UA grad swims, bikes, runs his way to first Olympic triathlon

RIO DE JANEIRO — Ben Kanute’s interest in triathlon was born as a child growing up in Illinois, watching his father compete.

“My dad was doing them when I was really young, and I remember him doing the Chicago Triathlon,” Kanute said. “I was lucky enough to have a kids’ triathlon happen really close to where I lived and just fell in love with the sport there.”

As he got older, he began to spend more time developing his skills in the sport.

“I did cross-country in school, swimming in high school, all that,” Kanute said. “I just kind of got more and more focused on triathlon as I became more successful in that than just the singular sports.”

Now, the 23-year-old University of Arizona graduate is in Rio to compete in his first-ever Olympic Games.

Kanute credits his time at UA for his success, saying it was a fantastic school for both training and academics. He said he considers Tucson one of the best places in which to train.

“When I visited the campus at the University of Arizona it just all kind of clicked for me, and throughout those three years I was able to meet some amazing people who really helped me advance in my career,” said Kanute, who majored in physiology at the school. “The Pac-12 is kind of the same thing. It’s a great conference, and Arizona is lucky to be a part of it.”

Kanute will race alongside two other Olympic rookies from the U.S.: Greg Billington and Joe Maloy. All three triathletes expressed enthusiasm for the race and excitement to finally have made it to the Olympics. They confirmed their spots on Team USA at the World Triathlon Series race in Yokohama, Japan, in May.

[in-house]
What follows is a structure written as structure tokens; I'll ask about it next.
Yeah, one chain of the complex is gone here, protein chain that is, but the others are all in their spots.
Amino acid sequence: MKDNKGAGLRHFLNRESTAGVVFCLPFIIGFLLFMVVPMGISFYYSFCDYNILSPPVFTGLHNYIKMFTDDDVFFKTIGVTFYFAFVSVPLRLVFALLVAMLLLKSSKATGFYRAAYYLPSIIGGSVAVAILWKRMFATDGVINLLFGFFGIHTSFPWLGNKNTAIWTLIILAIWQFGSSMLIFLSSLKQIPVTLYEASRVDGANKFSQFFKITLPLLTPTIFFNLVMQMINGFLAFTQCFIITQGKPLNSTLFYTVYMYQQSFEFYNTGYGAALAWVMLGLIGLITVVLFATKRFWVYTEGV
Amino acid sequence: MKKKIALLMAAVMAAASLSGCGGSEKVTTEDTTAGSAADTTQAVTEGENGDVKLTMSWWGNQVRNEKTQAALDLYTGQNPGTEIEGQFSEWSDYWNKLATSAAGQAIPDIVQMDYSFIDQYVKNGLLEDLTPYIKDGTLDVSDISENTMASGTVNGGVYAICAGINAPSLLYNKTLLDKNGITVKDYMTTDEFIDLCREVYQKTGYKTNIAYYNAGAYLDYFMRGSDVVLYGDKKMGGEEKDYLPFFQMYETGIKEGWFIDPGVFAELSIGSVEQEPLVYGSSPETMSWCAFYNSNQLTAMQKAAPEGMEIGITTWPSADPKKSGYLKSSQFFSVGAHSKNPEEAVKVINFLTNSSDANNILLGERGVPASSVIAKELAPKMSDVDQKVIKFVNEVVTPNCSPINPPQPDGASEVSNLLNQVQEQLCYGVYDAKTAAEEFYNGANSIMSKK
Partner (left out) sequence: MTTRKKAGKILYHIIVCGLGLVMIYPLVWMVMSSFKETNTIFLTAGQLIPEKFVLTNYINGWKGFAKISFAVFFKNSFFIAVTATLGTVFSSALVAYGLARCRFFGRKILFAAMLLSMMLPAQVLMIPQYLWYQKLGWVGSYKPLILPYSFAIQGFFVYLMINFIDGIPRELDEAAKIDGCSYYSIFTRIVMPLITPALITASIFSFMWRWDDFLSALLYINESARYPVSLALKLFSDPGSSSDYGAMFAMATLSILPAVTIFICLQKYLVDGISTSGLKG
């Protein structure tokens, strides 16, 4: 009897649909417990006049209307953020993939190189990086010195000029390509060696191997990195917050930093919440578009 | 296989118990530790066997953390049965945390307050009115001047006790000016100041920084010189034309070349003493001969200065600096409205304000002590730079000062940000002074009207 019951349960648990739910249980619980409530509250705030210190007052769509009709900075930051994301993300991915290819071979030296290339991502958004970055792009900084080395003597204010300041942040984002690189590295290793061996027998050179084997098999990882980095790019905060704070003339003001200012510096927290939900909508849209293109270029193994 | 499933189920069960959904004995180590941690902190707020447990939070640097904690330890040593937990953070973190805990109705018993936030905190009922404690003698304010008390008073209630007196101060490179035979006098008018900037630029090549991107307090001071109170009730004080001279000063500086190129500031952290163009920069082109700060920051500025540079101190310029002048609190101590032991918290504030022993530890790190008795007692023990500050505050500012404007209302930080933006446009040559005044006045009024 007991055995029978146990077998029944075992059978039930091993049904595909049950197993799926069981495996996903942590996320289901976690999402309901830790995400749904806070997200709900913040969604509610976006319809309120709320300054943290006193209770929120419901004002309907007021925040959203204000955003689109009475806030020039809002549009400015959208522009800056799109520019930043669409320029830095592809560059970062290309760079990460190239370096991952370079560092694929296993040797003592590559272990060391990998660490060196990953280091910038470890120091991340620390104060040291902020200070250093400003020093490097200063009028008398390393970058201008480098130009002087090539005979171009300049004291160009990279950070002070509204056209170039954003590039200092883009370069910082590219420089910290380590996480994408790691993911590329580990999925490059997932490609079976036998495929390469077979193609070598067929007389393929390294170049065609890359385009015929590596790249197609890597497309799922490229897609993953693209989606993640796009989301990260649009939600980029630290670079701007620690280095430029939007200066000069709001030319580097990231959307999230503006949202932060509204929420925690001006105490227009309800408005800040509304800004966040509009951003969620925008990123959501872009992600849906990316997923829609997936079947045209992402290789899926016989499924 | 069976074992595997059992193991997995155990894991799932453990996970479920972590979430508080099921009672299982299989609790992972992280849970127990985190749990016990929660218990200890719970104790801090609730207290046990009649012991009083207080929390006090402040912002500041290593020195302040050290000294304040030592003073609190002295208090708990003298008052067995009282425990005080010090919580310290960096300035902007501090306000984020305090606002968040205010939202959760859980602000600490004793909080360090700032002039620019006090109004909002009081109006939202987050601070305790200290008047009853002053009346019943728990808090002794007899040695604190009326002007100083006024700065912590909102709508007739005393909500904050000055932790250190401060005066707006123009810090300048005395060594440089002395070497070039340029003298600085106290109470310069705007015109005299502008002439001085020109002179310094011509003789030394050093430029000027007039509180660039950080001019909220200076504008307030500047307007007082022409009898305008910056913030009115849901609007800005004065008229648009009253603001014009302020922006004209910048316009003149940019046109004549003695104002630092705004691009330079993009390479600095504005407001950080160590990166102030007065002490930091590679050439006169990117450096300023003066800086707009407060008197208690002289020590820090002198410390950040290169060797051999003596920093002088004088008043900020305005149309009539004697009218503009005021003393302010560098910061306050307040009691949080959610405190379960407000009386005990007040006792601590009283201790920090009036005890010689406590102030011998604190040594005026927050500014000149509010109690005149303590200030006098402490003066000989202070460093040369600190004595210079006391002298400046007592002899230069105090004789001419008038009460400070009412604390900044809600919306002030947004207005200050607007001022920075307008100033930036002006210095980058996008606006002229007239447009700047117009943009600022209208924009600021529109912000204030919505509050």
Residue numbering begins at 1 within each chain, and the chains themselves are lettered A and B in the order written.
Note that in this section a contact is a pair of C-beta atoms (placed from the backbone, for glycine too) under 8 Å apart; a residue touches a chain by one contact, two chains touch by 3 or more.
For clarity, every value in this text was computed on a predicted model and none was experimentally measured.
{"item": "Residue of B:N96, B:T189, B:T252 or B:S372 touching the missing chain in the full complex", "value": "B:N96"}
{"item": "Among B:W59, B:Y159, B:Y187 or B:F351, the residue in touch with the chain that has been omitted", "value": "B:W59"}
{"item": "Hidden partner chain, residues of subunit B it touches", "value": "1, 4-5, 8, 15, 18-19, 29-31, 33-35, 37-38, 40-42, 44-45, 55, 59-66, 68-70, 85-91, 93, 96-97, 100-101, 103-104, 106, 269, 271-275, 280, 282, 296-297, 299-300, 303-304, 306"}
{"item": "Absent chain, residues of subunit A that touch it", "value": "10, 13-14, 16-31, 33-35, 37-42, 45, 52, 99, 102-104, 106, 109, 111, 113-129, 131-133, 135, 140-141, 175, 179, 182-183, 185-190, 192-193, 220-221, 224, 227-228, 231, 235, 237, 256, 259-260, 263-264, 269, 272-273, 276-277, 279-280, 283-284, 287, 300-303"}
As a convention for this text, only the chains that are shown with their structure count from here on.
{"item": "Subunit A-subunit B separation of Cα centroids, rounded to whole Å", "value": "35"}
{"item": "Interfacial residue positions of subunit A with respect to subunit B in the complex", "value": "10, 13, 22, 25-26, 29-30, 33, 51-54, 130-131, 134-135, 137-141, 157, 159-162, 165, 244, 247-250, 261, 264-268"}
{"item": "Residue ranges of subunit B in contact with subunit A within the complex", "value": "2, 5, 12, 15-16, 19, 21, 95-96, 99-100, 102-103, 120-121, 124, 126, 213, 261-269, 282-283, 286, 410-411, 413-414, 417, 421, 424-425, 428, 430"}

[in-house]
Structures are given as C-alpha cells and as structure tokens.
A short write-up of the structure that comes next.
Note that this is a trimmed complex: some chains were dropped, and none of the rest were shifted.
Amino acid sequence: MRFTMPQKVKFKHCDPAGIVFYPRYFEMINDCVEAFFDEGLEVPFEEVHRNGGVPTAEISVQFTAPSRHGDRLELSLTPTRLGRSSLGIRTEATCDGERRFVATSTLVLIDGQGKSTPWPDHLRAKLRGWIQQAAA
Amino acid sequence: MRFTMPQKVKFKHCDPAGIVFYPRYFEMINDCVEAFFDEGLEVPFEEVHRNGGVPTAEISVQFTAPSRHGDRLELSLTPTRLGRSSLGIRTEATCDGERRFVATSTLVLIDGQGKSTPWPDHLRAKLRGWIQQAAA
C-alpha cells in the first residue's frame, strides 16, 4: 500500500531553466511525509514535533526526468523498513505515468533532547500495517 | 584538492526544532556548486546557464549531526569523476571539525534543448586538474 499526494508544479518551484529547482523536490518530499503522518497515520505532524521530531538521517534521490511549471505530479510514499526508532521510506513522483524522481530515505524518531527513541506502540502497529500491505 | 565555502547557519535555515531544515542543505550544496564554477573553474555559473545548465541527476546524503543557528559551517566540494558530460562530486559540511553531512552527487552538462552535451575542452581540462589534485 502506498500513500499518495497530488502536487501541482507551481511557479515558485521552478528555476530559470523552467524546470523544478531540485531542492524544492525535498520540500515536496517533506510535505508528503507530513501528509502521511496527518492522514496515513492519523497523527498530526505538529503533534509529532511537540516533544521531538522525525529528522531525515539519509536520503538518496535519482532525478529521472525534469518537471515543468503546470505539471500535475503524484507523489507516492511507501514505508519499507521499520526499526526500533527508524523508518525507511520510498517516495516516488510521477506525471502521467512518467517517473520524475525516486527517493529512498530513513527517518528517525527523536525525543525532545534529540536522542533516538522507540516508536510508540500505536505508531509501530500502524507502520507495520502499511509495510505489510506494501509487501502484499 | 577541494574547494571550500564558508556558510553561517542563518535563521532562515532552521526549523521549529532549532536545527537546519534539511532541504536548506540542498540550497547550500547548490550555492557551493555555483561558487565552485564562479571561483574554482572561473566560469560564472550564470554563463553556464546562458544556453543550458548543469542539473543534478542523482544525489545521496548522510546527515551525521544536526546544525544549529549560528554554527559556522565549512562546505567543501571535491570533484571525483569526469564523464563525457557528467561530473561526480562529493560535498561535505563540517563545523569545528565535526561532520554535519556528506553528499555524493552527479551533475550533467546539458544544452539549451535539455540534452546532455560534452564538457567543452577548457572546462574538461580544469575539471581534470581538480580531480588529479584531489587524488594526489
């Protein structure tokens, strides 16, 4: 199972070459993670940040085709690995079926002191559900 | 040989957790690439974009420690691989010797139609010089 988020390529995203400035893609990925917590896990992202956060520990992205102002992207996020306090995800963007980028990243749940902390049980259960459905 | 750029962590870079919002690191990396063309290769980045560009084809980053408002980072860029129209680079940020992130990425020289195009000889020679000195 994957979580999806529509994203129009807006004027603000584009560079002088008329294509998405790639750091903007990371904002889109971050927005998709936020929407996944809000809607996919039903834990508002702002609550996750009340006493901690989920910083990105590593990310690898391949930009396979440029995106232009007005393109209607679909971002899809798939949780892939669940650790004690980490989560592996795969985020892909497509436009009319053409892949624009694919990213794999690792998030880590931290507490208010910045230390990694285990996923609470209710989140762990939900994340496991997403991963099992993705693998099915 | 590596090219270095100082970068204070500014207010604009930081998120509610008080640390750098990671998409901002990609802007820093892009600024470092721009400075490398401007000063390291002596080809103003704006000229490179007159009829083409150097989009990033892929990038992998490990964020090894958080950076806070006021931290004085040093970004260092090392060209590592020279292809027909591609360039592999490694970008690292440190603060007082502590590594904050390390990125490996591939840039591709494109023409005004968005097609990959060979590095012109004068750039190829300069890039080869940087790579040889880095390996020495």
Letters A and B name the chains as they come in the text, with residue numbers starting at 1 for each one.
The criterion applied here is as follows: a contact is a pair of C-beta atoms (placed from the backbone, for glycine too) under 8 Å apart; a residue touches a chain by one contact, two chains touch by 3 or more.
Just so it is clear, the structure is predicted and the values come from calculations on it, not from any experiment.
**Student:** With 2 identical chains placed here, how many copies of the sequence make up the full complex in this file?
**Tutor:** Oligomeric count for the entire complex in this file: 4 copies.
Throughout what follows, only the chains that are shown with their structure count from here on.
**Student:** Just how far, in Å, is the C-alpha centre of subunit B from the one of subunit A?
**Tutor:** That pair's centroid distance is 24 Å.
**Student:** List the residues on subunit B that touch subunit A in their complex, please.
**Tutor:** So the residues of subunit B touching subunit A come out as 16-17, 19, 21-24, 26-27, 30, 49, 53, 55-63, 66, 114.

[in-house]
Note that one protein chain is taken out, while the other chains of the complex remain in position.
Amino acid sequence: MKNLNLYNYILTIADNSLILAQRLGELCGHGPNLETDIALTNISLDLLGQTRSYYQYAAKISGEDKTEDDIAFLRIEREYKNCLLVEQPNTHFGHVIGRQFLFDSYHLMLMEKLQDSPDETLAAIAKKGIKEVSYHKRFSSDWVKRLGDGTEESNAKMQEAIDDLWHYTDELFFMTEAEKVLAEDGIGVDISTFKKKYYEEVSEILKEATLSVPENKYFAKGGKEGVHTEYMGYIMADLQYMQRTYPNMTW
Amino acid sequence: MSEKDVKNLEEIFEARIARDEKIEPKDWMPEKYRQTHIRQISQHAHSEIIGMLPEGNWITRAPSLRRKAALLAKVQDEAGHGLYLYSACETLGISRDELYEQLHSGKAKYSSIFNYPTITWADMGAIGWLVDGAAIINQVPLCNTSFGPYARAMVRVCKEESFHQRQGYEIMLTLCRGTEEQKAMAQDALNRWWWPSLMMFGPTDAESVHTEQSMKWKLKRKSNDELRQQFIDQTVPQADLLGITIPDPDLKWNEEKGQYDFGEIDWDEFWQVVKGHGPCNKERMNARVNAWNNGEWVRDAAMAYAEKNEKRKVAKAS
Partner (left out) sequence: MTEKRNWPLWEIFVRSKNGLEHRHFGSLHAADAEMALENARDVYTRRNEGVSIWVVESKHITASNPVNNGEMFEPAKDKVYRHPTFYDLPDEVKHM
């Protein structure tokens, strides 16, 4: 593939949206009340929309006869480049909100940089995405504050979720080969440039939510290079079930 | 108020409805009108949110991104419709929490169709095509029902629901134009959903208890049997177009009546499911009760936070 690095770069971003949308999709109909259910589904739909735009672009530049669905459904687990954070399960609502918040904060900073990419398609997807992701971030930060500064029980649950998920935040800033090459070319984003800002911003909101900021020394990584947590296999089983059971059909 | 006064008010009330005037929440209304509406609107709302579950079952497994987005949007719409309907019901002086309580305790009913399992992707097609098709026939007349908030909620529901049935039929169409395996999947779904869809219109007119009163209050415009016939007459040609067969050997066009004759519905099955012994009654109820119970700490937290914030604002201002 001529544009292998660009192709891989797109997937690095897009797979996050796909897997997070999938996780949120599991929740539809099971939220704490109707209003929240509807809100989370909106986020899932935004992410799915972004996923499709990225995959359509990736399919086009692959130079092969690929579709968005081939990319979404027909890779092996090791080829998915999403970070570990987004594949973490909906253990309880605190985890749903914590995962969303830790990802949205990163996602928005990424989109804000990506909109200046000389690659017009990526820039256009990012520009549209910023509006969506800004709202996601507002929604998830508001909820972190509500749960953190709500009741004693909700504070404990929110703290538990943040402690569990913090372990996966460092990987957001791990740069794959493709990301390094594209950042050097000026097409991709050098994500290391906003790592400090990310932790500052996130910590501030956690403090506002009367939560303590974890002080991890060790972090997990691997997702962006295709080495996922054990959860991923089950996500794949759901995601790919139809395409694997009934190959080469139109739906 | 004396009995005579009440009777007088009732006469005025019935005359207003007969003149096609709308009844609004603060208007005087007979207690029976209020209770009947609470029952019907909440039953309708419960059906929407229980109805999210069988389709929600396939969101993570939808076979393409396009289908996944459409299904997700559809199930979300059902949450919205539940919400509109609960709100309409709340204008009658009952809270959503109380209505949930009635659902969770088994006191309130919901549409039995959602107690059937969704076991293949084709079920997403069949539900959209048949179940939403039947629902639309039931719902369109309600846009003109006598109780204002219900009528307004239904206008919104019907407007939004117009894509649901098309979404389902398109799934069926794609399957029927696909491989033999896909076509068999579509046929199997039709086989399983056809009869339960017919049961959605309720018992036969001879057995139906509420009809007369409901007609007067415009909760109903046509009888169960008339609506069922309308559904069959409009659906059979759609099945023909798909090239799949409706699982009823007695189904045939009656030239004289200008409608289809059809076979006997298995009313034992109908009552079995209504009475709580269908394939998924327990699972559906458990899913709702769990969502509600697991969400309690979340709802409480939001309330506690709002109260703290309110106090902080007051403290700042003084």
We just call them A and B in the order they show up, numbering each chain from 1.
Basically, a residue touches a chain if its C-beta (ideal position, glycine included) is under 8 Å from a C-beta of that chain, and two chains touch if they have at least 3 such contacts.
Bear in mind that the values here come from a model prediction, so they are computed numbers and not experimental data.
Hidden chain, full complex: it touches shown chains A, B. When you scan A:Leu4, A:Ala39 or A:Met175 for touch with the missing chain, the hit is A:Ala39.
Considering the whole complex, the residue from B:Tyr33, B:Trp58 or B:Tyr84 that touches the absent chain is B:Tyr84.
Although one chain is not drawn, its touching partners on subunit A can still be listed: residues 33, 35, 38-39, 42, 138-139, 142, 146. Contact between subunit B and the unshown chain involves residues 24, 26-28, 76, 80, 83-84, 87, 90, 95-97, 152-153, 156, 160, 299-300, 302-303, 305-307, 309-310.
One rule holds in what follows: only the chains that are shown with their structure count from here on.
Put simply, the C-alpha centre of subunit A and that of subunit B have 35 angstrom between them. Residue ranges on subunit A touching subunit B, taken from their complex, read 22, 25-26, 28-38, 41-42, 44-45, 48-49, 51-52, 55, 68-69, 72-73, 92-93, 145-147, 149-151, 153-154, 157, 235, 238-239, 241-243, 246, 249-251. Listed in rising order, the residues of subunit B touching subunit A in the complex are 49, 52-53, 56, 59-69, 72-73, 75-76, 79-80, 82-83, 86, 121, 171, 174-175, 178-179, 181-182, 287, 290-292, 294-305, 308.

“The best part of qualifying is simply the opportunity to represent my country,” Billington said. “There have been a lot of challenges, but I think this event is what makes us strive every day to find out what the best is that we can be.”

Kanute, Billington and Maloy said they are not spending too much time worrying about the challenging course, the unpredictable weather or the reported issues in water quality off Rio’s shores. They said they just want to see what they can do while competing against triathletes from around the world.

“Whatever it is, it’s going to be the same for everybody, and I think that’s probably all of our approach,” Maloy said. “It’s just to be flexible and take what the day gives us.”

Kanute said he is excited for all the opportunities triathlons have offered him, and he plans to keep making the best of each moment. He enjoys traveling to new places, each helping prepare him for this competition. He said he’s had a very positive experience in Rio so far.

“I think the city has really come alive with it,” he said. “The venues are looking great.”

When asked about the reports of high bacteria levels in the ocean around Rio, all three triathletes said they are focusing on other things. They said they hope nothing goes wrong, but they will not know for sure until the race on Thursday.

“I think, being down here, you can read all these reports and look at all these numbers and kind of convince yourself that there are any number of problems,” Maloy said. “But when you’re down here and you’re looking at that view and you’re looking at the ocean, it’s kind of hard to believe that there’s anything wrong with it. I think it’s more a product of hype than reality.”

Billington said there is risk with anything they do, and he and Maloy plan to swim in the ocean before the race.

“I mean, we go out and train still, we go for a run, but we could step off a curb and break our ankle,” he said.

Kanute said the course on which they will race is expected to be very challenging and fast due to the steep hills, technical descents and choppy water, but it is also unique.

“I’m just excited to go out there and see what I can do,” he said.